Trump Tax Cuts Could Fuel Animal Spirits in Corporate Bonds

  • If implemented, cuts could trigger more Fed rate hikes
  • Proposal may lead to more tightening of credit spreads

BlackRock’s Rieder on Ultra-Long Bonds

President Donald Trump’s tax reform proposals have the potential to unleash a short-term wave of enthusiasm in the corporate bond market.

A lowering of the corporate tax rate and a one-time repatriation for overseas cash holdings of U.S. companies may tighten credit spreads. However, any initial boost might be unsustainable, said Morgan Stanley analyst Adam Richmond.

“A big deficit funded tax cut would increase the probability of boom then bust,” Richmond said in a phone interview. “In the short-term it could boost growth, earnings, and increase animal spirits. But it may also drive a strong Fed response, which would be a long-term challenge.”

The proposal unveiled April 26 -- subtitled “The Biggest Individual and Business Tax Cut In American History” - would likely increase the federal deficit and prompt the Federal Reserve to consider more interest rate hikes, Richmond said.

Vice President Mike Pence has acknowledged that the White House’s plan could add to the budget deficit, but said in a television interview on April 30 that the resulting growth would address the increase.

“Are we generally late in the cycle and have we seen a meaningful deterioration in credit trends? We think so,” said Richmond. “That matters more for how you should manage your portfolio longer-term.”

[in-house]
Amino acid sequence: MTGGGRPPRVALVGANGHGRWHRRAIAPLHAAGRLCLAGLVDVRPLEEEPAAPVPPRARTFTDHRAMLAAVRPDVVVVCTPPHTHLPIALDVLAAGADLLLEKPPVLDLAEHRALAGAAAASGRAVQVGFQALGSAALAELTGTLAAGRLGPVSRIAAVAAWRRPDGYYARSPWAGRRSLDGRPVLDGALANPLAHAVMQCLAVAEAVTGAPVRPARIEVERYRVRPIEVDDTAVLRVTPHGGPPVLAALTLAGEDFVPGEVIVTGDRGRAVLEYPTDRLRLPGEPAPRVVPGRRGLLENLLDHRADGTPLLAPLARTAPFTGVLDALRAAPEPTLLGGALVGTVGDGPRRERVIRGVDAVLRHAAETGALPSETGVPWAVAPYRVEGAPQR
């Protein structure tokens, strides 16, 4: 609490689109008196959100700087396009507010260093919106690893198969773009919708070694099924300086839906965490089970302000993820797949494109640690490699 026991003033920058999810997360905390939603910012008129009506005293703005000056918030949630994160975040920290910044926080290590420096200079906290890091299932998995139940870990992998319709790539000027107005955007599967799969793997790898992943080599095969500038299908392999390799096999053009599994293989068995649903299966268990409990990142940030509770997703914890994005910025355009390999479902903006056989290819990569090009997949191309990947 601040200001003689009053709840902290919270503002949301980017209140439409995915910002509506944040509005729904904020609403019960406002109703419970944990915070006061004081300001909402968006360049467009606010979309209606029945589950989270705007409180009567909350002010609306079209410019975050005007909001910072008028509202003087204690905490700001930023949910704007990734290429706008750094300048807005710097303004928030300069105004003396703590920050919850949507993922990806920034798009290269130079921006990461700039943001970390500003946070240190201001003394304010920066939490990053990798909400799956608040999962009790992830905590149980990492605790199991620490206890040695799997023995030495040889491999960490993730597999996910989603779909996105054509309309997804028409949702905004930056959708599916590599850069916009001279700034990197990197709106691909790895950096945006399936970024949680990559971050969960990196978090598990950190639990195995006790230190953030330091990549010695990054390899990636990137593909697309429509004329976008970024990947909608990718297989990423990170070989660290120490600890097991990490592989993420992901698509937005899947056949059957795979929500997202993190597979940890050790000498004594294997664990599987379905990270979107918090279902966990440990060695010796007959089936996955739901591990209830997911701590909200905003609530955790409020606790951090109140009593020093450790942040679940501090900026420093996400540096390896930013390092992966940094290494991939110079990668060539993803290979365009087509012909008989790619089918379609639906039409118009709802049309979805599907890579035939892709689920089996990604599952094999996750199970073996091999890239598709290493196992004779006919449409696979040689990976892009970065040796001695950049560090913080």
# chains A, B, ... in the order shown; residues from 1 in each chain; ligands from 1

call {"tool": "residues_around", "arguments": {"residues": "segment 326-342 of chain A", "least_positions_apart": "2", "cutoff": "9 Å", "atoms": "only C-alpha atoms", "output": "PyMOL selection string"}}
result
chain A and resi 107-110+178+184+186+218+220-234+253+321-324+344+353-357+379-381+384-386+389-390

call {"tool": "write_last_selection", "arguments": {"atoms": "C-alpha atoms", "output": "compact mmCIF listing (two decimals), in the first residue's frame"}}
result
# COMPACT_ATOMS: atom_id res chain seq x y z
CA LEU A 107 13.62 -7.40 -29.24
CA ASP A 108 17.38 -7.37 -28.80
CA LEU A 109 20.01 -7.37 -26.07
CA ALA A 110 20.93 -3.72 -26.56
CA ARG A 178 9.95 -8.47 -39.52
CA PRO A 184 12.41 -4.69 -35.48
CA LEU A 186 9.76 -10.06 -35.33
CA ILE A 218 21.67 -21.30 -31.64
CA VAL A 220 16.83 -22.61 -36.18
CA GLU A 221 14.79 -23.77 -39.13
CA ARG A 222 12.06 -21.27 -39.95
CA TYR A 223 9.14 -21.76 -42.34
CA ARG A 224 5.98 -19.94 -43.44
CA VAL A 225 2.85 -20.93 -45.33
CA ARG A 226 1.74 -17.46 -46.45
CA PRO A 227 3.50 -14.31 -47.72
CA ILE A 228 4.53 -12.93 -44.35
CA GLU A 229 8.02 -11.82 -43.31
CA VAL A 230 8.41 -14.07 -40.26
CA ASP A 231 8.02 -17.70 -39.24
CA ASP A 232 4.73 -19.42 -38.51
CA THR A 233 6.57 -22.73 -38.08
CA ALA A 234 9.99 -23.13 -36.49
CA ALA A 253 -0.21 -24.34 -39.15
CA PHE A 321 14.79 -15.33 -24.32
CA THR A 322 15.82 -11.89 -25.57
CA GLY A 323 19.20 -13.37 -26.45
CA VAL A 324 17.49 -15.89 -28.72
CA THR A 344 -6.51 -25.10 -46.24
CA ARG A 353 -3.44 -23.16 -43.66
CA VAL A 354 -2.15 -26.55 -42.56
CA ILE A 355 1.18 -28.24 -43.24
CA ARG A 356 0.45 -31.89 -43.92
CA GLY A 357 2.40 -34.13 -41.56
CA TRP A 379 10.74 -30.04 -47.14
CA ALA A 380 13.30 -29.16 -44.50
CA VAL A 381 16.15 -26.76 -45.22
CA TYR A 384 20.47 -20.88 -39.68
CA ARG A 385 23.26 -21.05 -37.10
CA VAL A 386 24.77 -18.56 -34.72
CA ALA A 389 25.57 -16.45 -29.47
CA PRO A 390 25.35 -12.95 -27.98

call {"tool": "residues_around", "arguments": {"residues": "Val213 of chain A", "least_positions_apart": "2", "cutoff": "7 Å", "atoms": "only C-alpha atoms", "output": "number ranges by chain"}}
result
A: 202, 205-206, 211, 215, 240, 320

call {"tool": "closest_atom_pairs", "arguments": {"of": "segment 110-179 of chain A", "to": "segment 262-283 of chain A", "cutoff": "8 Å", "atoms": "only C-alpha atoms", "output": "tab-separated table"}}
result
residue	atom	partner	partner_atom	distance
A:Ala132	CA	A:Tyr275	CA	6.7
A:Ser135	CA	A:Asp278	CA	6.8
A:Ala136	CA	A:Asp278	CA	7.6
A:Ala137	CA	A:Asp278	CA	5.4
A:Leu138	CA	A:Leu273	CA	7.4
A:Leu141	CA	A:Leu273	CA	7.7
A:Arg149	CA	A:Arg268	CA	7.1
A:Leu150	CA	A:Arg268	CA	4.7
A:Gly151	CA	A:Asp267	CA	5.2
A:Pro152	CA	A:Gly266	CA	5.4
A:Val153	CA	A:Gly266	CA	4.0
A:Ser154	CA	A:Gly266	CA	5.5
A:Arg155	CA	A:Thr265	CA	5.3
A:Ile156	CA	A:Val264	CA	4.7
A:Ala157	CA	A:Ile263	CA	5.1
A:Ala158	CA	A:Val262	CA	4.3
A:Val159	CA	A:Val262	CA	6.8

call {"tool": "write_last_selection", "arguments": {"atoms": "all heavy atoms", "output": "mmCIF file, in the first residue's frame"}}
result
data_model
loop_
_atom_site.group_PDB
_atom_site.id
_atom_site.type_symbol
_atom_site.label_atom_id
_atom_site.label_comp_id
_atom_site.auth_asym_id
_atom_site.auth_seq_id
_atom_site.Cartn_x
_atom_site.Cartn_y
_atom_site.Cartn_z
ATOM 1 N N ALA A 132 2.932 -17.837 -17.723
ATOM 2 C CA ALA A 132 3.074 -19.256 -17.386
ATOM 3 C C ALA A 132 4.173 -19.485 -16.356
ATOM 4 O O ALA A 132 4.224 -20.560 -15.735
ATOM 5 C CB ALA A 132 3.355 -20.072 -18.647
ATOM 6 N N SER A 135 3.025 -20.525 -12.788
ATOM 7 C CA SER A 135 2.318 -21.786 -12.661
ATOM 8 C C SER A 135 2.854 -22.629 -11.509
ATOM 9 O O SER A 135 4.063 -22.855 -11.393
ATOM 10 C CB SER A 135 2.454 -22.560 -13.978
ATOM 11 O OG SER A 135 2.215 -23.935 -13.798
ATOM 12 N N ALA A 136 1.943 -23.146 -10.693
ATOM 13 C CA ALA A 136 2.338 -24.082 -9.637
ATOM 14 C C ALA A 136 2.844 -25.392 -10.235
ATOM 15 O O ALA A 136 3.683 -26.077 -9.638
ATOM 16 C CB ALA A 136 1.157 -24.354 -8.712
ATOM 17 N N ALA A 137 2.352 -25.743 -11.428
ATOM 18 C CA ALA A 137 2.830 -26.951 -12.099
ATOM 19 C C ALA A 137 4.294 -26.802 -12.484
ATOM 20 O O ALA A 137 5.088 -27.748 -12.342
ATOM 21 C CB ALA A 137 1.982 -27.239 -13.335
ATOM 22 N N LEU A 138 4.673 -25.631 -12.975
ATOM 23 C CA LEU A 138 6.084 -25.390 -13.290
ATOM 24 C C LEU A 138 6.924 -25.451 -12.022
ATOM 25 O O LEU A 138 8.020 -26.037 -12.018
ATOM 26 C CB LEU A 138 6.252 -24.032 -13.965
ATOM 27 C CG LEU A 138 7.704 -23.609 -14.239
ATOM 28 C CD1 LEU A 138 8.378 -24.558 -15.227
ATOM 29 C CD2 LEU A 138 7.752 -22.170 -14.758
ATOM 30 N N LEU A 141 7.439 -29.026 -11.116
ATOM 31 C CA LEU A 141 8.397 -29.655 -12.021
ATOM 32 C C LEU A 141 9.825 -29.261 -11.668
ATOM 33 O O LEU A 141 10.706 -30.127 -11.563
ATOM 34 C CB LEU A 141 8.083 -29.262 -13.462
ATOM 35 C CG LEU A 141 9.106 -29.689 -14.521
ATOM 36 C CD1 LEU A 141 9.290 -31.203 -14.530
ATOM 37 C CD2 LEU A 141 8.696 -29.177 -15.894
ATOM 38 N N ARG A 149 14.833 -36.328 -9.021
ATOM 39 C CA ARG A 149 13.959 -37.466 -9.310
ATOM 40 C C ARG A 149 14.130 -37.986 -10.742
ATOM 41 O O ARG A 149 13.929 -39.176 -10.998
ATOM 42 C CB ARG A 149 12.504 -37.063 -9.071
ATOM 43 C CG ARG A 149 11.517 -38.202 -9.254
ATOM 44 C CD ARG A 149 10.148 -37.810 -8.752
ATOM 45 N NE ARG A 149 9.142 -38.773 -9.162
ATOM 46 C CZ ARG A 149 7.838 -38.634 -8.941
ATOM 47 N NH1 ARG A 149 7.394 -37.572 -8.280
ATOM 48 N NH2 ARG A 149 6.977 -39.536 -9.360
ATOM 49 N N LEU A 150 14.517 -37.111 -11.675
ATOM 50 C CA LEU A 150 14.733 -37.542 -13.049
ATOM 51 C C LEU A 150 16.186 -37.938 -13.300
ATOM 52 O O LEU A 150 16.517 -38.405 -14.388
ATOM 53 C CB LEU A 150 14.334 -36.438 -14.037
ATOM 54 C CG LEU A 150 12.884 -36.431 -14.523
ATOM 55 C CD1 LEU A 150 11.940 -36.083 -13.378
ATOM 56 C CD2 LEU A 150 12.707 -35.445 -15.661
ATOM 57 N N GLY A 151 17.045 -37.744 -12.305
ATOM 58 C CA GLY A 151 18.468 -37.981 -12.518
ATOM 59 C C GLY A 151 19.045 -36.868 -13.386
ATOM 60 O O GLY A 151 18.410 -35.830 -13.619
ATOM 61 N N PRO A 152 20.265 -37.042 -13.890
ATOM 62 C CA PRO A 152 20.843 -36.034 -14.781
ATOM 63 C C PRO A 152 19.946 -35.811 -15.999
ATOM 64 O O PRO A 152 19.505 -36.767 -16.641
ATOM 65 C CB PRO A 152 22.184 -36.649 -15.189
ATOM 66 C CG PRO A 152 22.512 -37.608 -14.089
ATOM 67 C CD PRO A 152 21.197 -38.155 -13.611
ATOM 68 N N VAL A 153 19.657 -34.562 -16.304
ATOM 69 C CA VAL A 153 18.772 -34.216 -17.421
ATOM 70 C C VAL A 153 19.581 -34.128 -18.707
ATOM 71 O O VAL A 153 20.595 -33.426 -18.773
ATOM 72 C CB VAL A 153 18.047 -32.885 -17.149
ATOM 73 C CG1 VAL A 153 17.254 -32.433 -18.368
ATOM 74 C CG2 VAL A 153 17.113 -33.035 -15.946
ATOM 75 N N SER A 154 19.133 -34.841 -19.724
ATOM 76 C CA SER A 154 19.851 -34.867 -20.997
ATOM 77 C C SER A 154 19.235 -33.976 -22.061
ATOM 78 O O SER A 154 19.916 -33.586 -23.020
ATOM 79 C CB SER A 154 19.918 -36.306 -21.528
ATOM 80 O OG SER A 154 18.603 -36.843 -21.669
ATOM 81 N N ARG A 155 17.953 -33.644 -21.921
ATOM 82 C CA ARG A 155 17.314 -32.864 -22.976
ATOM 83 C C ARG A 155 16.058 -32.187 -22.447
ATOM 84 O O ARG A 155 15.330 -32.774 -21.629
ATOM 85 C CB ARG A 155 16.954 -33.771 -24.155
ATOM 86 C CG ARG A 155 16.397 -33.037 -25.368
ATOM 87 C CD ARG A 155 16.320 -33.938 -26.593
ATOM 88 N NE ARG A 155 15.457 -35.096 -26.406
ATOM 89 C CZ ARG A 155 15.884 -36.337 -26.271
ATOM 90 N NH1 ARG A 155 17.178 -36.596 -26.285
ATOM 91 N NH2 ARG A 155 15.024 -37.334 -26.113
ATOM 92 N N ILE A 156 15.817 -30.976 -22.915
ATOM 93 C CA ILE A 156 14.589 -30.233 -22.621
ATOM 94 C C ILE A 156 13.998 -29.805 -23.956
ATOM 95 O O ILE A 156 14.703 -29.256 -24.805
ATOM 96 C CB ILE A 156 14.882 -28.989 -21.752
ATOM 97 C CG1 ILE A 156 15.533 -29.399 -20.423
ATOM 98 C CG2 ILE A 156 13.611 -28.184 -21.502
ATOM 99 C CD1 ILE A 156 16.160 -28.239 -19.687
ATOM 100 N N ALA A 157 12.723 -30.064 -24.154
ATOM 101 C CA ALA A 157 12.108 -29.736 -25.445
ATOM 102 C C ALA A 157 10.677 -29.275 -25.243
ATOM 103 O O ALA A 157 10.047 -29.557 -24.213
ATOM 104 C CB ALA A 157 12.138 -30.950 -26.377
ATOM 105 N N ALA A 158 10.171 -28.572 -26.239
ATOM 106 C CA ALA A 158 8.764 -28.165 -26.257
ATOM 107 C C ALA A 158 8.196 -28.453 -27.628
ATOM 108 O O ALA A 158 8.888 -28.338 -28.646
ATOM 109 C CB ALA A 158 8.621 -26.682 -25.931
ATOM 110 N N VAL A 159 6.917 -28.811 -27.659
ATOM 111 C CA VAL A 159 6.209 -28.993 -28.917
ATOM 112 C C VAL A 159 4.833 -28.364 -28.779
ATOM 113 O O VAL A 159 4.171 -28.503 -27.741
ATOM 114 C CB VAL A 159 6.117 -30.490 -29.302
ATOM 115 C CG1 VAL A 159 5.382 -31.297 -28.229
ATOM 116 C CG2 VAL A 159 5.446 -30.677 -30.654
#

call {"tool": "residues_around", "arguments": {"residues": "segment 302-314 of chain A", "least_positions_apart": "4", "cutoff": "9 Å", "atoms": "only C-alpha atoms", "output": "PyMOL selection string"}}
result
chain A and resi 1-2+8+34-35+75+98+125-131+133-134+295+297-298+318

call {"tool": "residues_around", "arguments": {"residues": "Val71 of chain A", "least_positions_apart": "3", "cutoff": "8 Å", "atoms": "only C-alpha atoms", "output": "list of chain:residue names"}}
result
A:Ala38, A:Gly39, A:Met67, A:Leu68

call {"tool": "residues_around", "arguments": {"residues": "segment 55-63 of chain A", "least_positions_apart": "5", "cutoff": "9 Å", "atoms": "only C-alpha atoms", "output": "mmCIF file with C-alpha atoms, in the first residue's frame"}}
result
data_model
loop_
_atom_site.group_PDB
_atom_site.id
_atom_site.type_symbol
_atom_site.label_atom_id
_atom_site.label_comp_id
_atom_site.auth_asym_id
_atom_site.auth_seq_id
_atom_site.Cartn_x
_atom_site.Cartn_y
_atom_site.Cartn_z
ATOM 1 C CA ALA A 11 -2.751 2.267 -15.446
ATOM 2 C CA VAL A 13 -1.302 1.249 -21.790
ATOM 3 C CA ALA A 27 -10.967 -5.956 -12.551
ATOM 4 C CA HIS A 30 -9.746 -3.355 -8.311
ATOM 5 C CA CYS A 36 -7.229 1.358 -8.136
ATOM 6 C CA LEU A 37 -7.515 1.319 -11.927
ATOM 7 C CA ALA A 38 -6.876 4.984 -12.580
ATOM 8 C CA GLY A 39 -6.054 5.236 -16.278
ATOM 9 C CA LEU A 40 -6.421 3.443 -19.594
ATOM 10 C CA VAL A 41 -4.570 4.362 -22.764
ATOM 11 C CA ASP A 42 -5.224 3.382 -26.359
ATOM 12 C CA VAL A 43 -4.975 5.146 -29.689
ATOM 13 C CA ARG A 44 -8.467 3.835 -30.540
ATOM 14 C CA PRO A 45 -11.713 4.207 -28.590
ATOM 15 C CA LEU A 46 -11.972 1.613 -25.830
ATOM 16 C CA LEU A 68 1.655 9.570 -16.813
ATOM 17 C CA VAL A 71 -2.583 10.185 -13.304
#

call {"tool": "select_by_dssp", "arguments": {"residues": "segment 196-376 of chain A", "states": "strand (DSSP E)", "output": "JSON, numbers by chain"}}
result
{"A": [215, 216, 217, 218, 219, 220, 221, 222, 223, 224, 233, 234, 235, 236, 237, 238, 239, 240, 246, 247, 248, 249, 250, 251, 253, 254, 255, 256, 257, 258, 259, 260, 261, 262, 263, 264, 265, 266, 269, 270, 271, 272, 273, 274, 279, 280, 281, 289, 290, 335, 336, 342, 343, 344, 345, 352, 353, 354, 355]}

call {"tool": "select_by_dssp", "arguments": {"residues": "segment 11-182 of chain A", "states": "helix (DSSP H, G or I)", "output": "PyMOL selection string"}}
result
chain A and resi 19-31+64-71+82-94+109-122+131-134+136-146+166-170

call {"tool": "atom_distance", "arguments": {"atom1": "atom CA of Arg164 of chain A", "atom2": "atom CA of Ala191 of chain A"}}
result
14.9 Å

Stephen Caprio, a strategist at UBS, is more sanguine. Tax reform would tighten corporate credit spreads given that investors have been staying cautious in the face of policy uncertainty, Caprio said.

Risk-on Behavior

“I think if we get reform, we’ll probably get some tightening,” said Caprio. “It’s more risk-on behavior. It would unleash some of those pent-up animal spirits that will lead to better risk taking.”

Corporate bonds currently trade about 116 basis points over Treasuries, according to the Bloomberg Barclays U.S. IG Corporate Bond Index, the lowest level since October 2014.

Though UBS forecasted that spreads would widen in its 2017 outlook, Caprio said that a tax overhaul similar to last week’s plan would “moderately to modestly” tighten spreads further.

Dramatic tax cuts and the influx of cash previously held overseas by U.S. companies may depress bond sales, said Jason Shoup, a portfolio manager and fixed-income strategist at Legal & General Investment Management America. In that scenario, unchanged investor demand would lift bond prices and lower yields, pushing credit spreads to near lows.

“You would have demand calibrated to a growing market, and yet you’d have a market that was barely growing, or even contracting,” said Shoup. “That’s a recipe for tighter spreads, and spreads that move through the tights of this cycle set in 2014.”

However with no indication of when new details will be released on the tax proposal, investors and companies are likely in a “wait and see” mode.

“If you really believed there was going to be an unfunded tax cut, there should have been a much higher magnitude effect on the rates curve,” said Shoup. “People are very, very cautious on baking in any tax cut into current valuations.”

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